Sweik gets his machine from up on the Place and we tune it in front of his hotel on the Rue Guisarde. This makes an awful racket with the close walls. A man throws water out his third-story window; can’t blame him. I turn off my bike. Lubar pees on the side of the wall; yells up in street French, no Brooklyn accent. The man throws out a pail of hot water this time. Lubar is drenched; laughing, he starts a jig in the street singing a song about a fucking machine – in English, thank God. More people come out, laugh at Lubar, who’s putting on a show.

   Finally, we roar off, down to the river and over onto the Right Bank and along the quais. We’re not going fast, only riding easy on a coolish springlike night. Sweik and I bring up the rear; my tired 160 sounds like an organ grinder and I’m the monkey.




   We hang around the Bastille an hour or so; there are some handsome machines. There’s a new Kawasaki, and more cross bikes every time. Some leather-covered character offers Sweik ten thousand francs for the Ariel. Sweik only smiles, says no, politely. We swing around the Bastille column a few times with the mob. Then head down Roquette to the Rue de Lappe.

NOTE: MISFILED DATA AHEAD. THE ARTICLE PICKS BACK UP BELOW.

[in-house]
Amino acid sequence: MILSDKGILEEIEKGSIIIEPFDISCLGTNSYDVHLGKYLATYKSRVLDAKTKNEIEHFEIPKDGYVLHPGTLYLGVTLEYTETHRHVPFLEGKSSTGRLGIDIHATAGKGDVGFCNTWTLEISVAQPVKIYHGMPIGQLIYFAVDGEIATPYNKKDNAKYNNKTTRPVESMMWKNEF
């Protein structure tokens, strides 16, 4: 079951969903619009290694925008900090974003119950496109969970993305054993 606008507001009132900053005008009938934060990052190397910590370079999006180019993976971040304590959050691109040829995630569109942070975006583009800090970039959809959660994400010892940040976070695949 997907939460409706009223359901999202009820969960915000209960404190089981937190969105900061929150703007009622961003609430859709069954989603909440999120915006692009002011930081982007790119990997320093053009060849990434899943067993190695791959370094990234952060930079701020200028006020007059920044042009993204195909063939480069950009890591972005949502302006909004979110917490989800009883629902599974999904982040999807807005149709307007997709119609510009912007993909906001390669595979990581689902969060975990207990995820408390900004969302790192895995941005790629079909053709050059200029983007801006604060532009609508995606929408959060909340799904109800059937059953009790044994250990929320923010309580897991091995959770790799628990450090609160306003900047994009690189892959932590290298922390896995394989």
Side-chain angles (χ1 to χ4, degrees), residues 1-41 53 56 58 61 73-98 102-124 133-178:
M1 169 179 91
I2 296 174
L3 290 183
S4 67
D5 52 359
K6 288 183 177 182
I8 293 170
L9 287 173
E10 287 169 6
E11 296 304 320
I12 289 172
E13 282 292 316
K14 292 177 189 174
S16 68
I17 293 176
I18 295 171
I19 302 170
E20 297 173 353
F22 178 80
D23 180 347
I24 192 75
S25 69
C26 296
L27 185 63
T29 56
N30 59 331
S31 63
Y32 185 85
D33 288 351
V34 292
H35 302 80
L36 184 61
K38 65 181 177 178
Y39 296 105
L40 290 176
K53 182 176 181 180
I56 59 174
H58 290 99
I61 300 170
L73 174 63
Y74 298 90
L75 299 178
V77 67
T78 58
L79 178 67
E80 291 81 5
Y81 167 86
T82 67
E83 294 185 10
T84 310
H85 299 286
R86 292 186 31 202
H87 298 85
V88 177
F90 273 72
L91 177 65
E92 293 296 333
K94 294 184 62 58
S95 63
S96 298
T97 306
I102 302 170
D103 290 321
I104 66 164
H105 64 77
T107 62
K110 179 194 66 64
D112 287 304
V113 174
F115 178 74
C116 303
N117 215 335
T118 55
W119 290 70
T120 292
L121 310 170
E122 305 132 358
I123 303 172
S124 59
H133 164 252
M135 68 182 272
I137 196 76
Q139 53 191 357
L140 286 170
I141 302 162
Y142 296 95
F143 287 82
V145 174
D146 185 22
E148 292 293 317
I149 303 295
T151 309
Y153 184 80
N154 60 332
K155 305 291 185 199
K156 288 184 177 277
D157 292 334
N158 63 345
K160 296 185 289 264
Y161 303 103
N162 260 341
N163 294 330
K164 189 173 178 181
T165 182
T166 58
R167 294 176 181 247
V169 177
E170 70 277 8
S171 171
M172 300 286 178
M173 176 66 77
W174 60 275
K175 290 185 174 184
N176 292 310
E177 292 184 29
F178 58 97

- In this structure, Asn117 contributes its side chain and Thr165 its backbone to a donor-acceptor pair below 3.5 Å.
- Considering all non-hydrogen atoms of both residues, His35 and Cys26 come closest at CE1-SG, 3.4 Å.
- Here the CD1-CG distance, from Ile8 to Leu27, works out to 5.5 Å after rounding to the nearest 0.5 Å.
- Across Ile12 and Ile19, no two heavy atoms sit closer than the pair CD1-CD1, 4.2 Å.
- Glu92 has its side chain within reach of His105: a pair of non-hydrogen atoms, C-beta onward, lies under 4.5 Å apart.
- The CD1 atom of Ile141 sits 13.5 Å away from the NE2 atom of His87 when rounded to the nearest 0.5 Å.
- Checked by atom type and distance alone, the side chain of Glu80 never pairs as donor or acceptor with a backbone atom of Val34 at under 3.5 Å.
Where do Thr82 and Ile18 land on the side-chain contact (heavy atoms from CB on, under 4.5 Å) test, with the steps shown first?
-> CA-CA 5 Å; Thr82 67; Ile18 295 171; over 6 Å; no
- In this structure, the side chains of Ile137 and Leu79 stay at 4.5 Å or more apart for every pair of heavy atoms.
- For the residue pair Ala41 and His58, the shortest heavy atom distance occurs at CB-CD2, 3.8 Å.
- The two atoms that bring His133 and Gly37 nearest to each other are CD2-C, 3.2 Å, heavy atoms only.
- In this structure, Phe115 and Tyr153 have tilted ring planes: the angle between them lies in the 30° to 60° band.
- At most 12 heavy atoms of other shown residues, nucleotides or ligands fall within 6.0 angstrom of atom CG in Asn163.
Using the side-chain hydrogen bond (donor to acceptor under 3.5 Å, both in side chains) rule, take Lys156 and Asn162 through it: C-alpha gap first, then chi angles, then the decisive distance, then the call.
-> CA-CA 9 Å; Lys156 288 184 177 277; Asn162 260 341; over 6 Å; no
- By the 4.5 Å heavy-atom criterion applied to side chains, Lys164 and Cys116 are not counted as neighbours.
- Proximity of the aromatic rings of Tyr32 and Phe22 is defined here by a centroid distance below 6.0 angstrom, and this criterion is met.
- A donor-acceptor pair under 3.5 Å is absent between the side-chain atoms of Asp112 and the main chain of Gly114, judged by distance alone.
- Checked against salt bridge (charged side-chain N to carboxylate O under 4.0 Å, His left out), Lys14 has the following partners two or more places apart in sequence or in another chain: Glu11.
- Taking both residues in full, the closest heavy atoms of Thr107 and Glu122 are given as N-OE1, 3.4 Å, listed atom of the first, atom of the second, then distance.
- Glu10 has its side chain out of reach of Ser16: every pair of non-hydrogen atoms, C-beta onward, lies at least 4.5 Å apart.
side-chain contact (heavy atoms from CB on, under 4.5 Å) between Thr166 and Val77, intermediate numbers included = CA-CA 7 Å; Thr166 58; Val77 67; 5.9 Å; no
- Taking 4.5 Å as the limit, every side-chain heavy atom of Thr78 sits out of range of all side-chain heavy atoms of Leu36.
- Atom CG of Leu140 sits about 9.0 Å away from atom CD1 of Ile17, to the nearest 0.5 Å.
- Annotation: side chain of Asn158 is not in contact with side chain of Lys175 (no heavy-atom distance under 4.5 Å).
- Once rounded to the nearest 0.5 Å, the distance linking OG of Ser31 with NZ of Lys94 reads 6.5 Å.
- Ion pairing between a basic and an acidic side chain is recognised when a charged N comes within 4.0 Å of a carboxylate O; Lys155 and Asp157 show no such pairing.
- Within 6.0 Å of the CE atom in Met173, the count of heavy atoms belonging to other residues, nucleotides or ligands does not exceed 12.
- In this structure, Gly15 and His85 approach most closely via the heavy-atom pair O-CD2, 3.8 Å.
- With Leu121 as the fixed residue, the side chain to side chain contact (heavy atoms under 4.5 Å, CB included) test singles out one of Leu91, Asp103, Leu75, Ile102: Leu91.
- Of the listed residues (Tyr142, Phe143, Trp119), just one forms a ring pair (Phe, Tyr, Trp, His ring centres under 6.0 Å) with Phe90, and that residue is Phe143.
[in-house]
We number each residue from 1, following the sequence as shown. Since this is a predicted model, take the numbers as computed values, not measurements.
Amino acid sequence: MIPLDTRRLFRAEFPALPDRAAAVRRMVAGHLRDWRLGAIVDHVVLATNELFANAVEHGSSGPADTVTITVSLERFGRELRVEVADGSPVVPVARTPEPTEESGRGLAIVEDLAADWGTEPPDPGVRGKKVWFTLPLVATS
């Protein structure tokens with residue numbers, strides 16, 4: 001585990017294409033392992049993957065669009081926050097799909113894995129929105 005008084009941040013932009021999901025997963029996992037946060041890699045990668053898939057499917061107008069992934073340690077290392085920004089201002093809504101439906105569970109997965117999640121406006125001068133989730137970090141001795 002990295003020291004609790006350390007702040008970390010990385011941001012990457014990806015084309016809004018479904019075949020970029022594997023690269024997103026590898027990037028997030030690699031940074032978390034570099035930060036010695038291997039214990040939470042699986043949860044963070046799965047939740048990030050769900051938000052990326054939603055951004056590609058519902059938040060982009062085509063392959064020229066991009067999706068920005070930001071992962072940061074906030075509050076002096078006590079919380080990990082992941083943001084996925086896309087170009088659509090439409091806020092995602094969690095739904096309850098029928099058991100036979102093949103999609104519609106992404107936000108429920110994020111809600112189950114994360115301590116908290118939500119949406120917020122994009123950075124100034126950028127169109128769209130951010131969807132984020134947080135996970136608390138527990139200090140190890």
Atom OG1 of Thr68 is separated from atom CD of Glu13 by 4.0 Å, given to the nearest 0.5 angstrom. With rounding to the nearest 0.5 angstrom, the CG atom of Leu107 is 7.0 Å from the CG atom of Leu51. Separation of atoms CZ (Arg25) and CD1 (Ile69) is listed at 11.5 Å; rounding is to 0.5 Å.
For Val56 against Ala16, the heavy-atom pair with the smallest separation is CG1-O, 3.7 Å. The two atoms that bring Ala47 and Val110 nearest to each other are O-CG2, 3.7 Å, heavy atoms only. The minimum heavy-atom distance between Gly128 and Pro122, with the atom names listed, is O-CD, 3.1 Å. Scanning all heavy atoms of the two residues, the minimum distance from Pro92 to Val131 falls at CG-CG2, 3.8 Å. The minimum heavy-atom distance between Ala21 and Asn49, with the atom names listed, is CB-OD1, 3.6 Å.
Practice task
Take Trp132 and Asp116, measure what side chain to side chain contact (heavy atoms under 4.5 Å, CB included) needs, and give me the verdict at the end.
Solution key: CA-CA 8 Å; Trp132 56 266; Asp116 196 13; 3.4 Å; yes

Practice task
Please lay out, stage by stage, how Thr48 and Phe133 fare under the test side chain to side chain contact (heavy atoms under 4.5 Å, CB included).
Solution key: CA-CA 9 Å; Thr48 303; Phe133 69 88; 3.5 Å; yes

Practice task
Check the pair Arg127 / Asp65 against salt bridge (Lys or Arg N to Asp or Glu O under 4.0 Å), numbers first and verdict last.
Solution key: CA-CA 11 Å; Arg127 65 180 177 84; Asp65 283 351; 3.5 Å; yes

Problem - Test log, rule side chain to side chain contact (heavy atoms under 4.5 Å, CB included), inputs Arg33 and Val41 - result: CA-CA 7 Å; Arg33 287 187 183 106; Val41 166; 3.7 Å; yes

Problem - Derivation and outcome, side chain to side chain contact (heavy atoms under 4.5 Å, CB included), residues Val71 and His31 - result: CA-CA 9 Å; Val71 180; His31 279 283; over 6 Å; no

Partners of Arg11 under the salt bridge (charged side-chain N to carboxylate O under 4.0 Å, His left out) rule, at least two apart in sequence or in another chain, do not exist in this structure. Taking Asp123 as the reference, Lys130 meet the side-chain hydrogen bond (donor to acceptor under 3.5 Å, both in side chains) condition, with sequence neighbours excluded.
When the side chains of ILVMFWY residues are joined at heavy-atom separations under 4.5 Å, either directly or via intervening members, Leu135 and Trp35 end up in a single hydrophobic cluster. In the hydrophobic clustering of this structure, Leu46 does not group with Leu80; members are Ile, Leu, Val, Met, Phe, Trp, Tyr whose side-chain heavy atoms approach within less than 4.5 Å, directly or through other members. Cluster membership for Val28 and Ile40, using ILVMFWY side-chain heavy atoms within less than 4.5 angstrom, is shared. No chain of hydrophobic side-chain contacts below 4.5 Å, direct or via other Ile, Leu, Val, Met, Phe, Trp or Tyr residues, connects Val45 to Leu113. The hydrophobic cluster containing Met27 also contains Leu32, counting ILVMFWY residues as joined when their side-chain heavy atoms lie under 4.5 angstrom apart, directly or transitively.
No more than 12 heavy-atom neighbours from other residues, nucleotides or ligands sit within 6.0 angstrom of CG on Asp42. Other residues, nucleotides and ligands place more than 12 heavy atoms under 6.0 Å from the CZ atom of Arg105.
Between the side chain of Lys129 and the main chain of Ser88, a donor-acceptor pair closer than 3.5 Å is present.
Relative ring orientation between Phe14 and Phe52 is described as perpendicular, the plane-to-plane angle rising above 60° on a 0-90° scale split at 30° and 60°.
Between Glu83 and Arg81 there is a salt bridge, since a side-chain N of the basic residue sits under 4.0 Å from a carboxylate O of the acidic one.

We park and work our way into the Belajo, an old-time French dance hall. There are coveys of Algerians and black guys; some tired-looking middle-aged women; a fair sprinkling of whores, both sexes. We find a table under a balcony; the orchestra is up on the balcony.

   Donna stops by the women’s room to pee; bike riding joggles kidneys some when you aren’t used to it. Lubar moves an Algerian or Tunisian guy’s coat to make a place for Donna when she comes back. This Arab gets all excited, slams his coat back on the seat. Lubar jumps up and throws the coat onto the floor.

   Here we go, we’re off again. The bouncers begin drifting close. Lubar pushes up the sleeve of his jacket and shakes his fist in the Arab’s face. I’m slipping under the table, easing my helmet onto this old bald head. I’m ready to crawl out of there on my hands and knees.

   Donna comes back, sits in the chair and smiles. The Arab smiles, backs off, apologizes to Donna as if Lubar doesn’t exist. Everybody settles down; bouncers drift away. Another little dumb male scenario has been worked out. It’s worse than watching belly dancers or bunnies at a Playboy club.

   We order beers, start scanning the scene. There are more men than women, about two to one. Most are simple working stiffs, Arabs, other Africans, Spanish, Portuguese; mostly they don’t dance. They’re here in Paris with no women; they come hoping for a contact. Lonesome men, cut off from women, are dangerous.